Is it just me or does food taste 10x better while camping? I don’t know if it is because we are exhausted and hungry from outdoor activities or because we appreciate the extra effort that it takes to make a meal. When it comes to camp food, campfire cooking holds a special place in my heart. Beyond roasting s’ mores and hot dogs, there are tons of ways to get creative with campfire cooking. From safety and cooking tips to campfire recipes, this campfire cooking guide breaks down everything you need to know to be a master camp cook.
Campfire Cooking Safety
Build the Right Fire
First things first, only build fires in designated fire pits or rings (unless backcountry camping). Ensure that there is nothing within a metre of the firepit that could also catch fire such as bush, twigs, and other outdoor debris. It is also important that you ensure there is no plastic burning in the campfire as the fumes are dangerous and can get into your food.
After you have cleared your campfire space, you can begin to build the fire. First, place kindling and start a small fire before you add the firewood. Use dry wood as it will ensure a well-burning and controlled fire. Aim to keep the campfire small and manageable; all wood should fit within the firepit and not stick out the top or sides. Finally, pay attention to wind as a sudden gust could be dangerous to those around the campfire while cooking.
Always keep a bucket of water on hand when burning a campfire in case you need to suddenly extinguish the flames.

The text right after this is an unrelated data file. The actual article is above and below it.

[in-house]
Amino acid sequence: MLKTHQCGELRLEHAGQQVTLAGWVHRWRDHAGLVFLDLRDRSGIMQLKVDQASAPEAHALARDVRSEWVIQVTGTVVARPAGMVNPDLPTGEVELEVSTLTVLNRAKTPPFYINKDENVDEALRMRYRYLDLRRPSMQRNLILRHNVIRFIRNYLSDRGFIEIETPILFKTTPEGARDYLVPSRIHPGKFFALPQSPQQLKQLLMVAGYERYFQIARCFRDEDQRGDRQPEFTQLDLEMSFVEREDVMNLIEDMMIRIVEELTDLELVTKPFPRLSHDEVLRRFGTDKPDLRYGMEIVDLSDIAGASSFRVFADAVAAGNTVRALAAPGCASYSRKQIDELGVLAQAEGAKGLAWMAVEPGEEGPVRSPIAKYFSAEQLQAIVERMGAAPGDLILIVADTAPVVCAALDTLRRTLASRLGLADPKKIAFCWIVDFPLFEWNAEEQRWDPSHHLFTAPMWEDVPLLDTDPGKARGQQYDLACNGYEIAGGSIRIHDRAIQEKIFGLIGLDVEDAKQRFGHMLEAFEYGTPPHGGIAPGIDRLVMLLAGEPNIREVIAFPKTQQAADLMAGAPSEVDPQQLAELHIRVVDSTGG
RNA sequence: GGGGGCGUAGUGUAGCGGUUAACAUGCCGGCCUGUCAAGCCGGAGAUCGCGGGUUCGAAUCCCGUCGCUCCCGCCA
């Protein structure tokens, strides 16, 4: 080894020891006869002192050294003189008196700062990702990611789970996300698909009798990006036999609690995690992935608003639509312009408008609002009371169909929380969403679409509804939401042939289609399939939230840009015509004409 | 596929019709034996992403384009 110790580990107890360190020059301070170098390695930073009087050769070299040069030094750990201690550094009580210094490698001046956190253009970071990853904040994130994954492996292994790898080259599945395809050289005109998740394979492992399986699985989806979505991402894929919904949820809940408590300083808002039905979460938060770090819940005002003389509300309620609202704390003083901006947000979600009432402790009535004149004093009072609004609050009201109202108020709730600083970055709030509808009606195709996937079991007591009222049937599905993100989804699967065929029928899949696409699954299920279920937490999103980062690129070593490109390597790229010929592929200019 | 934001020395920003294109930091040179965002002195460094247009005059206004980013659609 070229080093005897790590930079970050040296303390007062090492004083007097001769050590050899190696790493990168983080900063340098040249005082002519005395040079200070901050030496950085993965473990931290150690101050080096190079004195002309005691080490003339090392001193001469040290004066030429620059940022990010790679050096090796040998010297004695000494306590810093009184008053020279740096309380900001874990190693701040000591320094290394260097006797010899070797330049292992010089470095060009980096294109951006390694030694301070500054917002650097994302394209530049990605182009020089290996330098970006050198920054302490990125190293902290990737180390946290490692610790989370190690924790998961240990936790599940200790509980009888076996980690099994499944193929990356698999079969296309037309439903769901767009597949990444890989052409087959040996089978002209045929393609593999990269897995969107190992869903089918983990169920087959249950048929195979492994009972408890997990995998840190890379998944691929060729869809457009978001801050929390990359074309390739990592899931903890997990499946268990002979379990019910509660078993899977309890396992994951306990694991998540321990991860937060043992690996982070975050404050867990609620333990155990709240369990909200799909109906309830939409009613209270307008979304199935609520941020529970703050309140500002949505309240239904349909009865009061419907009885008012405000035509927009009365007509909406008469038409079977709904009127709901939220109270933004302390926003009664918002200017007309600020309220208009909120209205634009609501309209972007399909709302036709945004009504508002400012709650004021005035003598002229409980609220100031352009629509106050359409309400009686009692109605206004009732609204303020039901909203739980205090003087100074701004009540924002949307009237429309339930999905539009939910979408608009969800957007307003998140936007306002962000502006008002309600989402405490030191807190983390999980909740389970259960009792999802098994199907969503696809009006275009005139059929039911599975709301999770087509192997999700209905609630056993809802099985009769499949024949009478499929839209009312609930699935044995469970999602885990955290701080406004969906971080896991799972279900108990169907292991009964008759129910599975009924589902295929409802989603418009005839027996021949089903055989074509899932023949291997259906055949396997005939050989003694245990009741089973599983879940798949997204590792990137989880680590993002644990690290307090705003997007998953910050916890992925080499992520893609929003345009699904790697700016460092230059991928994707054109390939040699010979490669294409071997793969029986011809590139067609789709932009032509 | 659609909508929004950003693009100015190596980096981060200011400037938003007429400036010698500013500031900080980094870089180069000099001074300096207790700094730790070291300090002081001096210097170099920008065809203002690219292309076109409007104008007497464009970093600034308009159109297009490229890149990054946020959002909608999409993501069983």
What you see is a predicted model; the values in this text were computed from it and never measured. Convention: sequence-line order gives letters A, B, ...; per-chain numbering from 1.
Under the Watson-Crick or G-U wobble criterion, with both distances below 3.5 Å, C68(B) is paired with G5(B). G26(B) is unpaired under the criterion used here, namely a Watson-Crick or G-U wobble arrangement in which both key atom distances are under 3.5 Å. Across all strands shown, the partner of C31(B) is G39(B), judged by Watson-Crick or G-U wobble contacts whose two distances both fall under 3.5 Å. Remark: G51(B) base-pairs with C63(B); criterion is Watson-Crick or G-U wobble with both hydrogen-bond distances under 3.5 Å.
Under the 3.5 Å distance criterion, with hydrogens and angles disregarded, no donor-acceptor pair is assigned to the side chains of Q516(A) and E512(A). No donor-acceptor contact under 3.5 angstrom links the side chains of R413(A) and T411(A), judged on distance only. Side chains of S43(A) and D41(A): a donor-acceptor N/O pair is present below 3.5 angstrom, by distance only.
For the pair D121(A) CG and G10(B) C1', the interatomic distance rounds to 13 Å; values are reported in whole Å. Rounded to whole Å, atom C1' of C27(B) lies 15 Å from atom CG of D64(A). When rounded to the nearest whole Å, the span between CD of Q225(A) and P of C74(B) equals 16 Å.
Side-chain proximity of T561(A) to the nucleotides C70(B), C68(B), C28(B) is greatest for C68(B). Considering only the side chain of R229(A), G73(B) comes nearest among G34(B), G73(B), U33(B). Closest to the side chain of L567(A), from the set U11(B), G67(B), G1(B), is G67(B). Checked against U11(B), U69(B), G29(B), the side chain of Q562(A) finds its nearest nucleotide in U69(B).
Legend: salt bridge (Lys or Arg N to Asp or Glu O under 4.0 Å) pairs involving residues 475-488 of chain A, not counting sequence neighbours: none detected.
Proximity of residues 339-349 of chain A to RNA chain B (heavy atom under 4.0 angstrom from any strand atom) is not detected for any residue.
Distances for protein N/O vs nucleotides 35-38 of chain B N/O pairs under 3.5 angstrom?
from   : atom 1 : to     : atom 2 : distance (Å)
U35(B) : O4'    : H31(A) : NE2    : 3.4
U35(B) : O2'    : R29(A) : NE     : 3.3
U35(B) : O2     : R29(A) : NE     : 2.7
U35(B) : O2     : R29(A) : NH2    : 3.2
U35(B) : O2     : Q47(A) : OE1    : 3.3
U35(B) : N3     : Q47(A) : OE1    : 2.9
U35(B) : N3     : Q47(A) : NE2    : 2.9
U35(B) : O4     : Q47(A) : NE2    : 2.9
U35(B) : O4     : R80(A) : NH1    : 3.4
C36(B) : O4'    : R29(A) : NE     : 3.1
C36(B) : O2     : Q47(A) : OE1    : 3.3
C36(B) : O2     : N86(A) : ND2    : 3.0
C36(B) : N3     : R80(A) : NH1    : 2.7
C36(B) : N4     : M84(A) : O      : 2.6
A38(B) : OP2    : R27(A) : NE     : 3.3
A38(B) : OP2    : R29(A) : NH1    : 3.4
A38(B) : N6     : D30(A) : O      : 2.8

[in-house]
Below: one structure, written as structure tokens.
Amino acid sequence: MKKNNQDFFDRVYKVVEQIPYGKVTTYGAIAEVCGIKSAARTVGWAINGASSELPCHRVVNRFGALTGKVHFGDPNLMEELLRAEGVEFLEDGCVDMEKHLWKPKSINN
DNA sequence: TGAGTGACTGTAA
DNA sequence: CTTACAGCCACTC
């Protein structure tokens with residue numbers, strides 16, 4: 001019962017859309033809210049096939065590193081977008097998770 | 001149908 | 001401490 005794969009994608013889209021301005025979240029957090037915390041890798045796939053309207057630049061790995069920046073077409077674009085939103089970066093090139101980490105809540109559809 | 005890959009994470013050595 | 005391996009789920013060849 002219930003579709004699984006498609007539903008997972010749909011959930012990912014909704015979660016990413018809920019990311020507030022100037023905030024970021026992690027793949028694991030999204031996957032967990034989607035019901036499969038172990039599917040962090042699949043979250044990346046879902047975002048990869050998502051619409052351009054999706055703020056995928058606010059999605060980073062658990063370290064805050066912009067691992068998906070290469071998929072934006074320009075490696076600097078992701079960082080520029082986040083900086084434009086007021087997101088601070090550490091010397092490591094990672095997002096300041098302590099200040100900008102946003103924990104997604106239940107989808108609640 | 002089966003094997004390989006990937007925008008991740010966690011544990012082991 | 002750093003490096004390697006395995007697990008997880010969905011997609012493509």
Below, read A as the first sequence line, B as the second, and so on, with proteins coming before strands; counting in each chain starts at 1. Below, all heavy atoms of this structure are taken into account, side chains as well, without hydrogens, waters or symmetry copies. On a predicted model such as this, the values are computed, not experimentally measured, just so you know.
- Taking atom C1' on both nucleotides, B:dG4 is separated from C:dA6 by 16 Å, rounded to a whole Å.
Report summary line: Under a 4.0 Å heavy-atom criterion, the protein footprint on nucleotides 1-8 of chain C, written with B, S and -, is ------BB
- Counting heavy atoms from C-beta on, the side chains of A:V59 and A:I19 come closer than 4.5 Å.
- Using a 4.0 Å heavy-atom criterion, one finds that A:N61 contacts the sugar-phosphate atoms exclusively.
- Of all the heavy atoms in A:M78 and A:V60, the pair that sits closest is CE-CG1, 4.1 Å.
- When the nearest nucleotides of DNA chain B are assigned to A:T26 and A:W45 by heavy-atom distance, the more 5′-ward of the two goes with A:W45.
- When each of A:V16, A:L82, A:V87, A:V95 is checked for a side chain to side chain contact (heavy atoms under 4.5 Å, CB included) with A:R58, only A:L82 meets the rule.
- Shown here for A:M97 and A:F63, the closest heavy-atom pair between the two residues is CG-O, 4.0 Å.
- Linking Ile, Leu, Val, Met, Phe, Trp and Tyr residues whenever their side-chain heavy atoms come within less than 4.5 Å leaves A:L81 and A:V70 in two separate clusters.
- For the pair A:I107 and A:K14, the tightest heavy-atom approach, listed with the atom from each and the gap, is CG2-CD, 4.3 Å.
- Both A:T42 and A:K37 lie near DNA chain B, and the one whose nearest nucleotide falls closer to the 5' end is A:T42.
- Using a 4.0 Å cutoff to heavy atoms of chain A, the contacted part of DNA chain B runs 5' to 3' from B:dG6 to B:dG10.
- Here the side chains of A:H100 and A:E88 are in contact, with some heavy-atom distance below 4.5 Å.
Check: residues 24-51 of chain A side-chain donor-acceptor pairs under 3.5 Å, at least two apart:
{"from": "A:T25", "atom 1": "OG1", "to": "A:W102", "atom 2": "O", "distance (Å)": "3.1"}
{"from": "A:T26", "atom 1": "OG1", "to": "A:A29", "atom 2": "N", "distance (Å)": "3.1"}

Bring Gloves and Tongs
Campfires are hot and burns are likely if cooking equipment is not handled properly. If cooking over the fire, you’re going to want some protective equipment to help you handle the heat and keep your distance.
All cooking utensils should be long to give yourself enough space between you and the fire including tongs, spoons, spatulas, basting brushes, and whatever other cooking utensils you may require.
Heat-resistant gloves are also essential for all campfire cooking. This will allow you to lift a pot or stir without fear of being burnt. Be sure that they are flexible and have enough grip to safely move items over the fire.
Know Your Food Safety
Food illness is a sure way to ruin a camping trip. Properly storing and cooking food while camping is extremely important to avoid any unwanted illnesses. Place any raw meat as close to the ice as possible in a cooler and only take it out right before you are going to cook it. Make sure the ice is replenished whenever it begins to melt.
On hot days, it is very important that food is not left out for very long. Pack away any unwanted food back into the cooler to ensure that leftovers do not go to waste.
If unfamiliar with campfire cooking, a meat thermometer is a good investment. Food may not cook over the campfire the same way it would at home. Using a meat thermometer ensures your meat is thoroughly cooked every time.
Campfire Cooking Tips
Most campsites will have a grate built into the campfire ring. This creates a flat and stable surface but still allows for the flames to get through. This is one of the easiest ways to cook over the campfire as you can place your pots, pans, grill, tin foil, and sometimes even food directly onto the grate. However, not all places will have these grates and you may want to invest in purchasing a grill if you plan on using one while cooking.